Today’s blog is the fourth part of a multi-blog series addressing how challenges faced during upbringing can affect your conflict pattern and business relationships today.

5 Signs You Are A Distractor …

1. You have a fun sense of humor

You have a way of bringing levity to difficult situations through your wit and playfulness. You can making a boring job, fun.

2. You use sarcasm

Instead of speaking directly about the topic at hand, you use sarcasm. What you say may have a hint of truth to it. Listeners may laugh however, they also may misinterpret your comments or be turned off by what you say.

3. You bring up things that are irrelevant

Sometimes you bring take a conversation off track on purpose through humor) to diffuse tension and other times you don’t realize you are doing it. Whether intended or not, you are not addressing the main point of the conversation.

4. You are on the move

You may have a tough time sitting still and have been told you wear others out through your energy. It may be hard for you to concentrate because your mind and your body are going in different directions.

5. You are deeply sensitive, but it doesn’t show

You cover up your tender side and may even feel lonely inside. You feel like you matter when you make people laugh or get attention. Even negative attention is better than no attention at all.

Influence from Family Upbringing

Brad was the youngest of five children. As a child, he had been extremely sick and almost didn’t live. Because of this, his parents were extremely protective of him and watched his every move. After a major surgery, his health improved, but his parent’s remained cautious of allowing him to participate in typical childhood activities like running or sports that his siblings enjoyed.

Though his physical activities were limited, Brad learned to use humor to make light of his situation. He saw the smile his jokes brought to his mother’s face whose fear of something happening to him was palpable. His siblings would join Brad’s playfulness. Seriousness in the home was replaced with merriment that renewed the family’s spirit. At least temporarily.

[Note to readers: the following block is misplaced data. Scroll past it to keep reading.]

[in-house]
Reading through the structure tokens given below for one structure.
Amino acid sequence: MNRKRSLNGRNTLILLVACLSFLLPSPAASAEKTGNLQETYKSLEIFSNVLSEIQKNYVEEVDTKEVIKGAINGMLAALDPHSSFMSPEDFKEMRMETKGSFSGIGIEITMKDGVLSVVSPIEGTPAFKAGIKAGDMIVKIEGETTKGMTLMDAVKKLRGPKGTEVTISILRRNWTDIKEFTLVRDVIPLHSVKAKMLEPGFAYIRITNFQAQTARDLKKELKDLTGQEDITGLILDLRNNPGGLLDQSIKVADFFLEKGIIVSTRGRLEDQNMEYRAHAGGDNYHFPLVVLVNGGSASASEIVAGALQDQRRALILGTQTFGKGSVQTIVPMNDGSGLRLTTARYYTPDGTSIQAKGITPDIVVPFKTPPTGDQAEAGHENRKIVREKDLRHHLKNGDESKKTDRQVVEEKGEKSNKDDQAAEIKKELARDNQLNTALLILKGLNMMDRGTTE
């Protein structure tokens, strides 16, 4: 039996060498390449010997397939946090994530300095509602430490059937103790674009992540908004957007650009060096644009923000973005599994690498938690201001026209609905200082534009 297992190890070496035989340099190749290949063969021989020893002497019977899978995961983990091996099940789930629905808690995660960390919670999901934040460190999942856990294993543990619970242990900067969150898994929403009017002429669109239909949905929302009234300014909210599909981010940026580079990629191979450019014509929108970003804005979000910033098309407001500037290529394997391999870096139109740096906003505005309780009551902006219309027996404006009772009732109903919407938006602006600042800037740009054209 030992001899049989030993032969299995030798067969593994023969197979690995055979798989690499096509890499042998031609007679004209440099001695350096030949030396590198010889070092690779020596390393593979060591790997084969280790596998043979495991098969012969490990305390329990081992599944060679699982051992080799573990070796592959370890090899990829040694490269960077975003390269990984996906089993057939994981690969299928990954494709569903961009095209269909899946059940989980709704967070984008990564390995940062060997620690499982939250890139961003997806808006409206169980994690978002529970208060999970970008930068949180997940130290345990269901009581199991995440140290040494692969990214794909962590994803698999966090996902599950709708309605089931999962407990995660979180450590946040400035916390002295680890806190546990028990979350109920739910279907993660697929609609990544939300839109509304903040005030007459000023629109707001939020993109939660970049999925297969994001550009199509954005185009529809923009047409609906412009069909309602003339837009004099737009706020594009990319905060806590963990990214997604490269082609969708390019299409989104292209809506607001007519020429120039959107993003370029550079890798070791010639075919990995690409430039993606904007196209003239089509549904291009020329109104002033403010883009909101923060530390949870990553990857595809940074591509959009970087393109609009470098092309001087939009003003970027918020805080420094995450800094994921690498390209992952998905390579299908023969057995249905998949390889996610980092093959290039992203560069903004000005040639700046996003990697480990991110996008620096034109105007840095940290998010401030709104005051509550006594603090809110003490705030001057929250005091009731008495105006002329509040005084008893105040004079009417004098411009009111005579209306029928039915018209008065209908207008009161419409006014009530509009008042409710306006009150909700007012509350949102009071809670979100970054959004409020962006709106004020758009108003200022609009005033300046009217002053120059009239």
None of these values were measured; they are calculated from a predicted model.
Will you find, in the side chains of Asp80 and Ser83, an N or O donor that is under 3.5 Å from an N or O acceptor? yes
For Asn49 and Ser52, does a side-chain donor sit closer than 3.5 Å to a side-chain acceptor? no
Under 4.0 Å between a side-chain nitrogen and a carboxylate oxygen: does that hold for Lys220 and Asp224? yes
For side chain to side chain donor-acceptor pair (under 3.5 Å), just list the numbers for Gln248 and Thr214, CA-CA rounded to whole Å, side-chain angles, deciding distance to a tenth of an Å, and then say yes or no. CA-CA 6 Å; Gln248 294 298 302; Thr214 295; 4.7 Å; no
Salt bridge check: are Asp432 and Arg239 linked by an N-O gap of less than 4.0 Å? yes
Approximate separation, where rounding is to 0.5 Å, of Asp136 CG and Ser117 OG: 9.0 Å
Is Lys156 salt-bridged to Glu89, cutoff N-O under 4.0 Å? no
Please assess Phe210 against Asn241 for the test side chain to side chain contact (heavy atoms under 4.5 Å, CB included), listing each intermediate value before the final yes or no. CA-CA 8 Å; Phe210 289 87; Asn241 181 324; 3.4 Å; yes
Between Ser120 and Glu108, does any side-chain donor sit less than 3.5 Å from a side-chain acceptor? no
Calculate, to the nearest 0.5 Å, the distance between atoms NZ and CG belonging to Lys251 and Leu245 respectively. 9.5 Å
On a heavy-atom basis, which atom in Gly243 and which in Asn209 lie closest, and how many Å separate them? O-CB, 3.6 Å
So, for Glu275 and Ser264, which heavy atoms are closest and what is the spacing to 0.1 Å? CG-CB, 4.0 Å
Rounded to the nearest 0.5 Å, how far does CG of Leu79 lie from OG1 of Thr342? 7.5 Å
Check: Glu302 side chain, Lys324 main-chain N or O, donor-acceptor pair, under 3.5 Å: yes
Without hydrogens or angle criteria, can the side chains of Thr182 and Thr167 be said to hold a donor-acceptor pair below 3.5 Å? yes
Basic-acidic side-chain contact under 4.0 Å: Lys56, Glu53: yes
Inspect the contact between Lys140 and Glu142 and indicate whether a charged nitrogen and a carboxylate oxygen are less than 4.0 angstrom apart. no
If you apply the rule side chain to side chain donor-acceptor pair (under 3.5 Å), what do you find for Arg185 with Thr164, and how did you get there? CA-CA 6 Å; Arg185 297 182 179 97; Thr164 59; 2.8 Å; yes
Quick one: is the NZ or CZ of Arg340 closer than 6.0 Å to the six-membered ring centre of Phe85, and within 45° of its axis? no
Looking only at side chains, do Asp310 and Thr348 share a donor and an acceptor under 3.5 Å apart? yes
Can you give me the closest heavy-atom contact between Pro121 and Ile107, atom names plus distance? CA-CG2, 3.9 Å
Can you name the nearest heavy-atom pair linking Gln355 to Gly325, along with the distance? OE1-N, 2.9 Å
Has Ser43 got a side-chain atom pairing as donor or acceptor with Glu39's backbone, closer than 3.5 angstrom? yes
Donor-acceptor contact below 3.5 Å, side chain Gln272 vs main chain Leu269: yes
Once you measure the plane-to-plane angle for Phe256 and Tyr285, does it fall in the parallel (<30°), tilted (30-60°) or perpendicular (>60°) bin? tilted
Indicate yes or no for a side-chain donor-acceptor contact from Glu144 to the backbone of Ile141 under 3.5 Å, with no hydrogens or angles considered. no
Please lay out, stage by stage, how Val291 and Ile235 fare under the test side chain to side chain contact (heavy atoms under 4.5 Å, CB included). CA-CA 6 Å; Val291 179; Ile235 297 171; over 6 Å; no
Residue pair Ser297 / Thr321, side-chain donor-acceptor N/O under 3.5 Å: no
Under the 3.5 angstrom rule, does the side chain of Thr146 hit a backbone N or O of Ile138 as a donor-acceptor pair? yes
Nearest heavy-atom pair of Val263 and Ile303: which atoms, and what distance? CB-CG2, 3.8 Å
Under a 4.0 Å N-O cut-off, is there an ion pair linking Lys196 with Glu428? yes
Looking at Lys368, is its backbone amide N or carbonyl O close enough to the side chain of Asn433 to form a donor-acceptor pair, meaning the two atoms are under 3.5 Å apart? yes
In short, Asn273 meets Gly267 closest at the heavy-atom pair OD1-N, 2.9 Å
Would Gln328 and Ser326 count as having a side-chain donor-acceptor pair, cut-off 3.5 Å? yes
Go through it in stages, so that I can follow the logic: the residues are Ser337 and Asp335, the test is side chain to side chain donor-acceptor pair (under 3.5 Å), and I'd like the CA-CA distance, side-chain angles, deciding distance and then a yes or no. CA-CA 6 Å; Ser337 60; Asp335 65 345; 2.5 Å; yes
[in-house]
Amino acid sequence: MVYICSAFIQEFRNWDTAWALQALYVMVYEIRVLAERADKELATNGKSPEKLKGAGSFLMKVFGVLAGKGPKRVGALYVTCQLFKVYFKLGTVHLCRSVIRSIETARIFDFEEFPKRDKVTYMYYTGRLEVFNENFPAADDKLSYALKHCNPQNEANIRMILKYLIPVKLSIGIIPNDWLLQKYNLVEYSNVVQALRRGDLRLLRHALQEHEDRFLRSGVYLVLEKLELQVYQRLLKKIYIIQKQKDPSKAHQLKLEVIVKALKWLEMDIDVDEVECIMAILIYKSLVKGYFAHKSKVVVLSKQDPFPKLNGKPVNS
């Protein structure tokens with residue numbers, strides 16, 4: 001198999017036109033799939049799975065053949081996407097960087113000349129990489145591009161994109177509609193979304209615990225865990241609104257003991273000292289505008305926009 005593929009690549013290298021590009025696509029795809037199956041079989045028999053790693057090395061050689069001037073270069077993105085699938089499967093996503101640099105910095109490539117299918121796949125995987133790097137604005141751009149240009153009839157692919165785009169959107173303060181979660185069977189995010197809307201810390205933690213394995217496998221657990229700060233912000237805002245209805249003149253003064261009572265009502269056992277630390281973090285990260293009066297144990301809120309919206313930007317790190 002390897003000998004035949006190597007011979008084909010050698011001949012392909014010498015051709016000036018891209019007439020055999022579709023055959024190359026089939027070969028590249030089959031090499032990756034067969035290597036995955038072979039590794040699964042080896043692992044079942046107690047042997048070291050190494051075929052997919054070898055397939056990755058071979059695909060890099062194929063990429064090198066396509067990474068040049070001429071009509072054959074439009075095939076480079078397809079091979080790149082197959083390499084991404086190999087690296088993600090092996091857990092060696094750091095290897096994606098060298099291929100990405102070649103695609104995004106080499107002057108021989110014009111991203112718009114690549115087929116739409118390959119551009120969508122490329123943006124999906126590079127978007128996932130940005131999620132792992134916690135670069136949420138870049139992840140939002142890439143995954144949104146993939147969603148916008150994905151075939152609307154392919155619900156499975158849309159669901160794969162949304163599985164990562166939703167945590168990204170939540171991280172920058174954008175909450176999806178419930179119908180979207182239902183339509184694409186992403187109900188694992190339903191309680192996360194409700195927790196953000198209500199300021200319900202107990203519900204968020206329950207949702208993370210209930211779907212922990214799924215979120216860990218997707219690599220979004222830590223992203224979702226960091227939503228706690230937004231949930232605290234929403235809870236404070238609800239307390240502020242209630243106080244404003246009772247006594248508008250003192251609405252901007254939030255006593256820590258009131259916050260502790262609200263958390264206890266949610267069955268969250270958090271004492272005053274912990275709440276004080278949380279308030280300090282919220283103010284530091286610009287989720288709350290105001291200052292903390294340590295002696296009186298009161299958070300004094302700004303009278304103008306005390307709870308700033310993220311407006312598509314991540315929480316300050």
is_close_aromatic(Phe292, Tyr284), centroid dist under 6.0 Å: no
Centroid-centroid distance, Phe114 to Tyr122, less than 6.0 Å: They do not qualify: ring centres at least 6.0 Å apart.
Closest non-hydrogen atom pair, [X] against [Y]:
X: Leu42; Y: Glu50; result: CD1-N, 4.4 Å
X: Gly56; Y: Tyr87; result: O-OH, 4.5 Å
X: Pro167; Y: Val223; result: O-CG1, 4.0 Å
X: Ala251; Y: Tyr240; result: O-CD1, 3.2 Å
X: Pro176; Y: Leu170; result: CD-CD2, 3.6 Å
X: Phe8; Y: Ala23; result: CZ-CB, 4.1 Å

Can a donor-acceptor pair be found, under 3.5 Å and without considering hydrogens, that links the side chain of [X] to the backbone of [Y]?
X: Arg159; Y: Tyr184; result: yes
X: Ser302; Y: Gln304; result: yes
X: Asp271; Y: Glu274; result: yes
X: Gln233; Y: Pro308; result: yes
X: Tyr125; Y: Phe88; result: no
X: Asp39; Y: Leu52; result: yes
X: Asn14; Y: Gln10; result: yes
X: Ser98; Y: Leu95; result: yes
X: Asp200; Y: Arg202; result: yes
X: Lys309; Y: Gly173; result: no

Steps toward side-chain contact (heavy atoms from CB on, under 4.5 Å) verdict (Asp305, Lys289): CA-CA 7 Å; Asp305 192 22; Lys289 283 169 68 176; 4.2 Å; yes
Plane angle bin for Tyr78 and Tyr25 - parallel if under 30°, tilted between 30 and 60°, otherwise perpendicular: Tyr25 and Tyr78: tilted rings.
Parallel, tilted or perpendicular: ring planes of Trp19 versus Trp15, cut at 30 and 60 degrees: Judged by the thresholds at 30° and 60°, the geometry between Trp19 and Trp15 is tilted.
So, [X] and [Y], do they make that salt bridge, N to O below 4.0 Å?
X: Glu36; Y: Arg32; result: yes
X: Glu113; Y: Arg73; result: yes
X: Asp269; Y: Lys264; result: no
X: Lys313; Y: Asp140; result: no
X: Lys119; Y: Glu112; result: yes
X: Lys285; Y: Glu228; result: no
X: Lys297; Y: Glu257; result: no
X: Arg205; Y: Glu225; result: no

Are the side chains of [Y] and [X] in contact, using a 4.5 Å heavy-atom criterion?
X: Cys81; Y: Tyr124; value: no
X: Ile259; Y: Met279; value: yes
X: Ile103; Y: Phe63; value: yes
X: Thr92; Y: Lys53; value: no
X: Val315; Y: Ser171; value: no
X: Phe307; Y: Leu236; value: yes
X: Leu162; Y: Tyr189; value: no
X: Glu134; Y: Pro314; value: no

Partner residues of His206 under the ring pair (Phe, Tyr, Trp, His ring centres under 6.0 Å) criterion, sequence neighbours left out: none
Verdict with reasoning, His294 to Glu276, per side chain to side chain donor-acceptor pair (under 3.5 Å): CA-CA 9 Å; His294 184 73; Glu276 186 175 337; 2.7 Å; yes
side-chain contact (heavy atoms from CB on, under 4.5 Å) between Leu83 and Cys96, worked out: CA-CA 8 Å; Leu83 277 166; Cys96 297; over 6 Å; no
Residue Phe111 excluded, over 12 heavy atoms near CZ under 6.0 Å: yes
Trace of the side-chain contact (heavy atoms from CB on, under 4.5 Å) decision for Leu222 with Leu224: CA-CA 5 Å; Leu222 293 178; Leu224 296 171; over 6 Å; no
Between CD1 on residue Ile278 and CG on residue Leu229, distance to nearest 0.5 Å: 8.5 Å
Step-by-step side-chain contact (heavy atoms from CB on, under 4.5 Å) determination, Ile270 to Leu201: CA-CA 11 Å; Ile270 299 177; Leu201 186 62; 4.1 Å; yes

Brad’s health continued to improve, but another family crisis occurred when his parent’s divorced. Again, Brad tapped into his wit to make his family laugh despite a very difficult time.

Taking Coping Styles From Upbringing To Adulthood

Fast forward into adulthood, Brad’s health is stable and he is known for his humor. He found a niche in the sales field and gained recognition for his skills and sales record. He was recruited to be a Sales Director and his employees referred to him as a “fun boss”.

Things were rolling along nicely until the demands of leadership began taking a toll. Now Brad was not just responsible for his own sales, but also for those of his employees. He was an excellent salesman, his humor helped him to succeed, but those same skills didn’t translate to motivating his staff. When Brad got pressure from his superiors about the decline of sales in his division, his “go to” humorous response of handling tense conversations didn’t work. His boss took his jokes as not taking job responsibilities seriously and undermining his effectiveness as a leader.

“I am always ready to learn although I do not always like being taught.” – Winston Churchill

Unable to maintain the sales quota for his division, Brad was fired from his job. This time when facing tough times, he decided to do something different. He allowed himself to face the realities of his situation without minimizing the emotional pain associated with his job loss. Through a process of self-awareness and inner growth, he learned when to use humor and when to be serious. He also learned how he used humor to cover up insecurities and as a way of cajoling to ease tension.

How Does Distracting Impact Business Relationships?

Distracting can come in many forms besides humor. It is anything that takes the focus off of the issue at hand, such as when something that is irrelevant to the conversation becomes the focus. Other examples include sarcasm, cynicism, or excuses. Distracting can also show up by finding someone in the office to blame as the scapegoat for problems in order to not address the real issue or problem employee.

If you resonate with any of these examples of distracting, know that it could be affecting your work culture and credibility. Employees or co-workers may not take you seriously and unknowingly you may be undermining your leadership.

While everyone likes a good laugh and wants work to be enjoyable, the timing of a joke or bringing up unrelated topics can be viewed as distasteful or inappropriate. Coaching could be the solution to help you work through tense situations without taking the conversation off track.

Make the Conscious Choice to be aware of the timing of humor and keeping conversations on course